Or so people would have you believe. In its seven or so months of life, STO has attracted an impressive collection of detractors, naysayers and Debbie Downers. For this week's Captain's Log, let's discuss the phenomenon of anti-STO fervor. We've touched on certain aspects of it before, but the time has come to examine what I think is the biggest claim by those who really loathe STO.
Does STO really betray the spirit of Star Trek? Read on as we play a little point-counterpoint, then feel free to add your two cents in the comments.
Haters to the left... AND right
People hate STO! Shocker. The vitriol oozes forth from all over the Interweb, and I see plenty of it in the comments each week. Ever since its February 2010 launch, STO has been the target of seemingly endless ill will. Maybe I'm more attuned to it, because I write about STO every week, but it seems to me that MMO folks have heaped the hate onto STO way more than they have onto any other MMO lately.
The hate cake has many layers. Anti-Cryptic sentiment makes up one layer, for sure. From their double-dipping to their stupid faces, Cryptic and its developers just rile people up.
Another layer consists of people's tendency to gang up on the shiny new MMO in town, especially when it fails to satisfy every fan's every expectation. While STO has suffered because of that, it actually stands to benefit from upcoming new releases. I've already noticed (or imagined) a shift in animosity toward Final Fantasy XIV, with its fatigue system and its software mousery. So as the newest big MMO inches closer to shattering fans' hopes and dreams forever, the pressure finally lifts ever so slightly off STO and the folks at Cryptic.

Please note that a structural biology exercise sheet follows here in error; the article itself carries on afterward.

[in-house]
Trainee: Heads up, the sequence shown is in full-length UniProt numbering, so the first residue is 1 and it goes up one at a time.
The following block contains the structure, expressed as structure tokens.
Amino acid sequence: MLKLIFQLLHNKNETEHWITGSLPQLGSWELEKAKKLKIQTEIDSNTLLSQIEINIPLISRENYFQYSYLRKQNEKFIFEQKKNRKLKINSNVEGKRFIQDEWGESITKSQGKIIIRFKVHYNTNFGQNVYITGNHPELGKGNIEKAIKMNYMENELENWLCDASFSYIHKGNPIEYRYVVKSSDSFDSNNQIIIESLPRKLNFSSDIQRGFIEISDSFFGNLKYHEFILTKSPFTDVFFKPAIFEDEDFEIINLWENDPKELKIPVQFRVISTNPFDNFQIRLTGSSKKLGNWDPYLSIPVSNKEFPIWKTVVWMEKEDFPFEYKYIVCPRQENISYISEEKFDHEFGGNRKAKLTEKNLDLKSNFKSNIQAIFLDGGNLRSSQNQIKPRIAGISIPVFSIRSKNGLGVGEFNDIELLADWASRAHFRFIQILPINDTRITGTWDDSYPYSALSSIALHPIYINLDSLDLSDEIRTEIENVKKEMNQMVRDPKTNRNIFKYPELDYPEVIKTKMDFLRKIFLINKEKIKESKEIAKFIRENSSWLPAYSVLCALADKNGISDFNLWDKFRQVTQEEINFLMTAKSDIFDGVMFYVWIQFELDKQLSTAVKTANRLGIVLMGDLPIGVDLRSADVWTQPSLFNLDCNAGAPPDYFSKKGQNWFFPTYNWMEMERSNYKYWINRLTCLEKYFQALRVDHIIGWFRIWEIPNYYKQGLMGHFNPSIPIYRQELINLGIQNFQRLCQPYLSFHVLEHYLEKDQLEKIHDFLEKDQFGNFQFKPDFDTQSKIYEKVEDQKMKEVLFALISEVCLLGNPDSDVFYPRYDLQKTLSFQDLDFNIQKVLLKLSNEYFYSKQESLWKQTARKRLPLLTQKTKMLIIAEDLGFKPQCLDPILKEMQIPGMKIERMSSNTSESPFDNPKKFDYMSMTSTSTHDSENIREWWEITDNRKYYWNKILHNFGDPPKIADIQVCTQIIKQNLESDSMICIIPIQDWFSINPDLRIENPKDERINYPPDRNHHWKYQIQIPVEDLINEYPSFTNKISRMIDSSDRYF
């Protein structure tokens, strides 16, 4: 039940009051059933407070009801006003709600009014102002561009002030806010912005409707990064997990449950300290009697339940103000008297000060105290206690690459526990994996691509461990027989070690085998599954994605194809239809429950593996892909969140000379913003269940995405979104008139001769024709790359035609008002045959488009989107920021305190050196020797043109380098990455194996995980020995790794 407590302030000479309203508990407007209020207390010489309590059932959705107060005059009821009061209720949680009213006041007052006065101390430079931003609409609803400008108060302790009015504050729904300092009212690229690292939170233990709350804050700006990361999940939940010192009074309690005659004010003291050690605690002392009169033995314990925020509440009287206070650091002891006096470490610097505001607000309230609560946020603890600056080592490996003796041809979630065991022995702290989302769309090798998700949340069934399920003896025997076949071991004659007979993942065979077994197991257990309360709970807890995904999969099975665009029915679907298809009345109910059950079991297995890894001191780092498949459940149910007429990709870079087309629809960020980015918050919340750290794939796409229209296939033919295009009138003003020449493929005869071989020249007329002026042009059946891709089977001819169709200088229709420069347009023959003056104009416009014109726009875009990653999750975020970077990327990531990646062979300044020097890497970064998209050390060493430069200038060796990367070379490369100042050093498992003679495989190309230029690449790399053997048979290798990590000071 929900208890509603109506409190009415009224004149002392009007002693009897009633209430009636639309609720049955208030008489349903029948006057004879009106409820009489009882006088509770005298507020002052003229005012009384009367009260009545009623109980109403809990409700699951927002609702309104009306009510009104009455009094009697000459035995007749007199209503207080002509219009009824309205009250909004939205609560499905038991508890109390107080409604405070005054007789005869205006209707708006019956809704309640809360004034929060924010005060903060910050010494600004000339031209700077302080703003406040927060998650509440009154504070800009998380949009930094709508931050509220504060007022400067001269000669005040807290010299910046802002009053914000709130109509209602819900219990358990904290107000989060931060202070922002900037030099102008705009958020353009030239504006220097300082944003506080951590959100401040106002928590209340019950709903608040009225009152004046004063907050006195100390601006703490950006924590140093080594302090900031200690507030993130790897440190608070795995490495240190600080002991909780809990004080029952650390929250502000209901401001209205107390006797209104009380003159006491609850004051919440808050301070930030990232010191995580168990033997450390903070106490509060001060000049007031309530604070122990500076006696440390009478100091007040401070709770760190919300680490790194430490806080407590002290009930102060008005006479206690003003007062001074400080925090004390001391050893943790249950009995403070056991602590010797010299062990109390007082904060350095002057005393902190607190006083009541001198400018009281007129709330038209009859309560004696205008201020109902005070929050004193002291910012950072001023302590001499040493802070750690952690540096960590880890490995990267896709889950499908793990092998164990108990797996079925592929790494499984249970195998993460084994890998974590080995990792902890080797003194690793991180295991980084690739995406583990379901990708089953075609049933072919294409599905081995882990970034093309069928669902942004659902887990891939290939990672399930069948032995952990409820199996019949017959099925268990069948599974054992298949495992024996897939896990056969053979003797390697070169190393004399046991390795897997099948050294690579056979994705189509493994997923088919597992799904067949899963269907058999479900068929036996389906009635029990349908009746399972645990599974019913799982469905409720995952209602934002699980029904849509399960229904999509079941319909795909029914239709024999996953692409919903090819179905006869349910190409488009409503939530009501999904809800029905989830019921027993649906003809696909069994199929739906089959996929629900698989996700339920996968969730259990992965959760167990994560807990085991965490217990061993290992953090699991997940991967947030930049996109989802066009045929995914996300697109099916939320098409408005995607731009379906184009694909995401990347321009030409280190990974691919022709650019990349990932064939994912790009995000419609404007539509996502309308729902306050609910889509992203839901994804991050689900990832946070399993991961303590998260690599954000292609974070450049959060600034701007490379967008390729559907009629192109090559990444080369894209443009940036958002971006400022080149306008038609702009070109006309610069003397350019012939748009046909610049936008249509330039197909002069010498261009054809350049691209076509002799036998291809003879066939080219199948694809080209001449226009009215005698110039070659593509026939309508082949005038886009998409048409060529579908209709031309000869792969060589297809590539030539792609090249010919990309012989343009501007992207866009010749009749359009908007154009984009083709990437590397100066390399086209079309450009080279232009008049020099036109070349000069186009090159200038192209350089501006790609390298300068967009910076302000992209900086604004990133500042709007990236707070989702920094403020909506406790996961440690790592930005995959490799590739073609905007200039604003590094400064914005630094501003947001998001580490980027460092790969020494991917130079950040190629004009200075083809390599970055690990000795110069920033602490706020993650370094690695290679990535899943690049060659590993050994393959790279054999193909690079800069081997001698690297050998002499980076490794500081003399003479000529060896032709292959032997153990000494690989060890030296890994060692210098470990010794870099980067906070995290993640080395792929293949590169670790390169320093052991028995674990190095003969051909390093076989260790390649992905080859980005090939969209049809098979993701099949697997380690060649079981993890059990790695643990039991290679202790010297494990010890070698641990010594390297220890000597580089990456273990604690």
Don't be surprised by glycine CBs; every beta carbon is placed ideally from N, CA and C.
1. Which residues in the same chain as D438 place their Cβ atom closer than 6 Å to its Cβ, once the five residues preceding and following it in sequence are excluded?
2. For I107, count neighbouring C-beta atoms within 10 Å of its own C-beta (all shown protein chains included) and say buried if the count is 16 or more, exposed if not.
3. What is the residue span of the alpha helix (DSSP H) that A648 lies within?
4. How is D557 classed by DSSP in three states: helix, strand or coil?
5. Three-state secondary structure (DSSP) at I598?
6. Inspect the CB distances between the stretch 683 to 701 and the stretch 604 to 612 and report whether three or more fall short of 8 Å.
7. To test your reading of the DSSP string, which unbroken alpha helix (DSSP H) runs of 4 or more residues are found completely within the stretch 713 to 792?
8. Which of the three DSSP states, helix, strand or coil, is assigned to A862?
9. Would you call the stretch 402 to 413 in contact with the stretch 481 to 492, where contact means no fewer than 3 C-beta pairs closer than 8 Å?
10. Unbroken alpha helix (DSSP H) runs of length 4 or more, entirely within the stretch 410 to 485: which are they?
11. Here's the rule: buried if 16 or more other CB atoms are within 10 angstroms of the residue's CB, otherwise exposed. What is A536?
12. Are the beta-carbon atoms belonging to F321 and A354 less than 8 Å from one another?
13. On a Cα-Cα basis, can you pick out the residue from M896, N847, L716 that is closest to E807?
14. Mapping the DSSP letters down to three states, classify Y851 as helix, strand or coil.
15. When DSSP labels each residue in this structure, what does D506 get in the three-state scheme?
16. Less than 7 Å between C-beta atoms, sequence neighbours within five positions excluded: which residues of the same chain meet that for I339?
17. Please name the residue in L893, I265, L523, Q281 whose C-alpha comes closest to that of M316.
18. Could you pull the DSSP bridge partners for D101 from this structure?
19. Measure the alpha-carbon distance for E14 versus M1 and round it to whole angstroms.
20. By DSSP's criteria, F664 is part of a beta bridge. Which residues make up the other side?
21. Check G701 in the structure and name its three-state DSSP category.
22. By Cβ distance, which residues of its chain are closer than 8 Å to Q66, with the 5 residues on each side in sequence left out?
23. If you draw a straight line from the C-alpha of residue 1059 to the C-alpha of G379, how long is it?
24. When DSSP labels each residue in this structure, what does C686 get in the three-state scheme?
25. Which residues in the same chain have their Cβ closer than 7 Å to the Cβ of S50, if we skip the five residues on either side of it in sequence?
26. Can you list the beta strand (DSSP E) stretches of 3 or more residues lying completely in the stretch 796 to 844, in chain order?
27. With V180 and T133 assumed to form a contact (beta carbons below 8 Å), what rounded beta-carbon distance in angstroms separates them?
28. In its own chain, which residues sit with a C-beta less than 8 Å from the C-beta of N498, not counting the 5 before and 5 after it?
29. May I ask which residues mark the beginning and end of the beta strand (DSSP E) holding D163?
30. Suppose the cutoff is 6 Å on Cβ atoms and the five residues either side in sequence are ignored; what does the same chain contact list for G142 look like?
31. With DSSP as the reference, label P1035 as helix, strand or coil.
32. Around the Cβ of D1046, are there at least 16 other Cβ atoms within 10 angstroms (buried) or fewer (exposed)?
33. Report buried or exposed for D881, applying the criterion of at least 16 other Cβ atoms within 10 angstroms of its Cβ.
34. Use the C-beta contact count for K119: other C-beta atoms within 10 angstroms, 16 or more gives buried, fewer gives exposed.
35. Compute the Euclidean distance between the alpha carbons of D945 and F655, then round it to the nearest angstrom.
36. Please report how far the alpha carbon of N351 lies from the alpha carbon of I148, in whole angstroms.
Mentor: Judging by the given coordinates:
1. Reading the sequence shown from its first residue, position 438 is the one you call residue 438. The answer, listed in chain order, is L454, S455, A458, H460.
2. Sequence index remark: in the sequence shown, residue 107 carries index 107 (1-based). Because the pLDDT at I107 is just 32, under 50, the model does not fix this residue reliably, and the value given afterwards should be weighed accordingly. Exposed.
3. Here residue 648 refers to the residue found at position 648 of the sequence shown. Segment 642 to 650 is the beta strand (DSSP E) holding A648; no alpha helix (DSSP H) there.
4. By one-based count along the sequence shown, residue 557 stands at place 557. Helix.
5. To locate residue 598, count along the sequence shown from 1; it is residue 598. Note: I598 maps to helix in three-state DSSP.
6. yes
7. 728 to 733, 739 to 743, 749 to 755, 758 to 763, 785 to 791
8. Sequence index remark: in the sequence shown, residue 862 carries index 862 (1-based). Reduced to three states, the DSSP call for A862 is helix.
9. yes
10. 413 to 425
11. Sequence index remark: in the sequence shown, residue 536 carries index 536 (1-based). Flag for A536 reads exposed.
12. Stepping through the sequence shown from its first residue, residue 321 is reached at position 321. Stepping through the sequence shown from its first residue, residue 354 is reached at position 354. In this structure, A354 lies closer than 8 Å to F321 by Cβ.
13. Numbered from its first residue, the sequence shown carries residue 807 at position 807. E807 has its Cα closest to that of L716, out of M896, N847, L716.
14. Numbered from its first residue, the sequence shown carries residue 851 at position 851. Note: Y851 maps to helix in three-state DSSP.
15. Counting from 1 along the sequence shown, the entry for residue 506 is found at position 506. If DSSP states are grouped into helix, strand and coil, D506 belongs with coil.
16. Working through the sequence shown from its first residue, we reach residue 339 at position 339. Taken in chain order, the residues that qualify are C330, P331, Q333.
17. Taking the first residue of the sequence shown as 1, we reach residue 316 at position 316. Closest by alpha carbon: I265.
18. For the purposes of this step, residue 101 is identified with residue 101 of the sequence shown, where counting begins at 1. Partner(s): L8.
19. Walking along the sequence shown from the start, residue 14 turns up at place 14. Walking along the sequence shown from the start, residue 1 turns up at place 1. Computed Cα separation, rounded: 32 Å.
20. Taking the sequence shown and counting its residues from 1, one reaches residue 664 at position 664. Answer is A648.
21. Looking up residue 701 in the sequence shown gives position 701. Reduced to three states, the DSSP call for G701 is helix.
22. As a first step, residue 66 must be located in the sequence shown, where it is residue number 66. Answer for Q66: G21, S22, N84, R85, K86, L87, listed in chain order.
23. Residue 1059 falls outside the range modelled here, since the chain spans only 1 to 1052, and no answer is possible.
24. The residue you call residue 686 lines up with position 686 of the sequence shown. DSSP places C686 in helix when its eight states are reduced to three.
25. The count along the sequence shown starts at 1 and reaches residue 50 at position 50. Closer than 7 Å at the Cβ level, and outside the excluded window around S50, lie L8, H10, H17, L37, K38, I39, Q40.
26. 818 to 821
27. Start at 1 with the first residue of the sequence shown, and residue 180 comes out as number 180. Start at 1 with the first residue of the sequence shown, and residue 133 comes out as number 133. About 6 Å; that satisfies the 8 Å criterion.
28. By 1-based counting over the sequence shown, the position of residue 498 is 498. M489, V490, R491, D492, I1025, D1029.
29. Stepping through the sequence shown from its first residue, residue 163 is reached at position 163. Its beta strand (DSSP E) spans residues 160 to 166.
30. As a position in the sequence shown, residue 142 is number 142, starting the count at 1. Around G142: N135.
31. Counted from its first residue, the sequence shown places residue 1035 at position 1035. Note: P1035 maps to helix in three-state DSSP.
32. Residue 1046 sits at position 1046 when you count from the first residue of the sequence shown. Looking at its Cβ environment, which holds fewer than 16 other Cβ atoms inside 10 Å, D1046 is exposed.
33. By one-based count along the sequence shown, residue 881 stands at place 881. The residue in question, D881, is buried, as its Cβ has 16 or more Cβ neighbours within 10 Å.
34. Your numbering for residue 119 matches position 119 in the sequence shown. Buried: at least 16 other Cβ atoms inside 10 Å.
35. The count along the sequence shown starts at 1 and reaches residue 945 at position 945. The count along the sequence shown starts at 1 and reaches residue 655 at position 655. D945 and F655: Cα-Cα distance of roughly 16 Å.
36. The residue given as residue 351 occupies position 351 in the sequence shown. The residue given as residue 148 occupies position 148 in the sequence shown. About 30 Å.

A third layer of loathing springs from STO's underdevelopment. We miiiight have mentioned that once or twice, and fans' dissatisfaction is totally understandable there.
The final layer is perhaps the most significant. Star Trek fans have voiced, again and again, a genuine beef with Cryptic's translation of Star Trek the intellectual property into Star Trek the online video game. But for the most part, I disagree. I'm no lifelong, diehard Star Trek fan -- and I'm not saying my opinions outweigh anyone else's, believe me -- but I have known my fair share of Trek geekery. I've always loved Deep Space Nine in particular, and it took me years to accept that Star Trek II: The Wrath of Khan is vastly superior to Star Trek IV: The Voyage Home, mainly because I dug Chekov so much.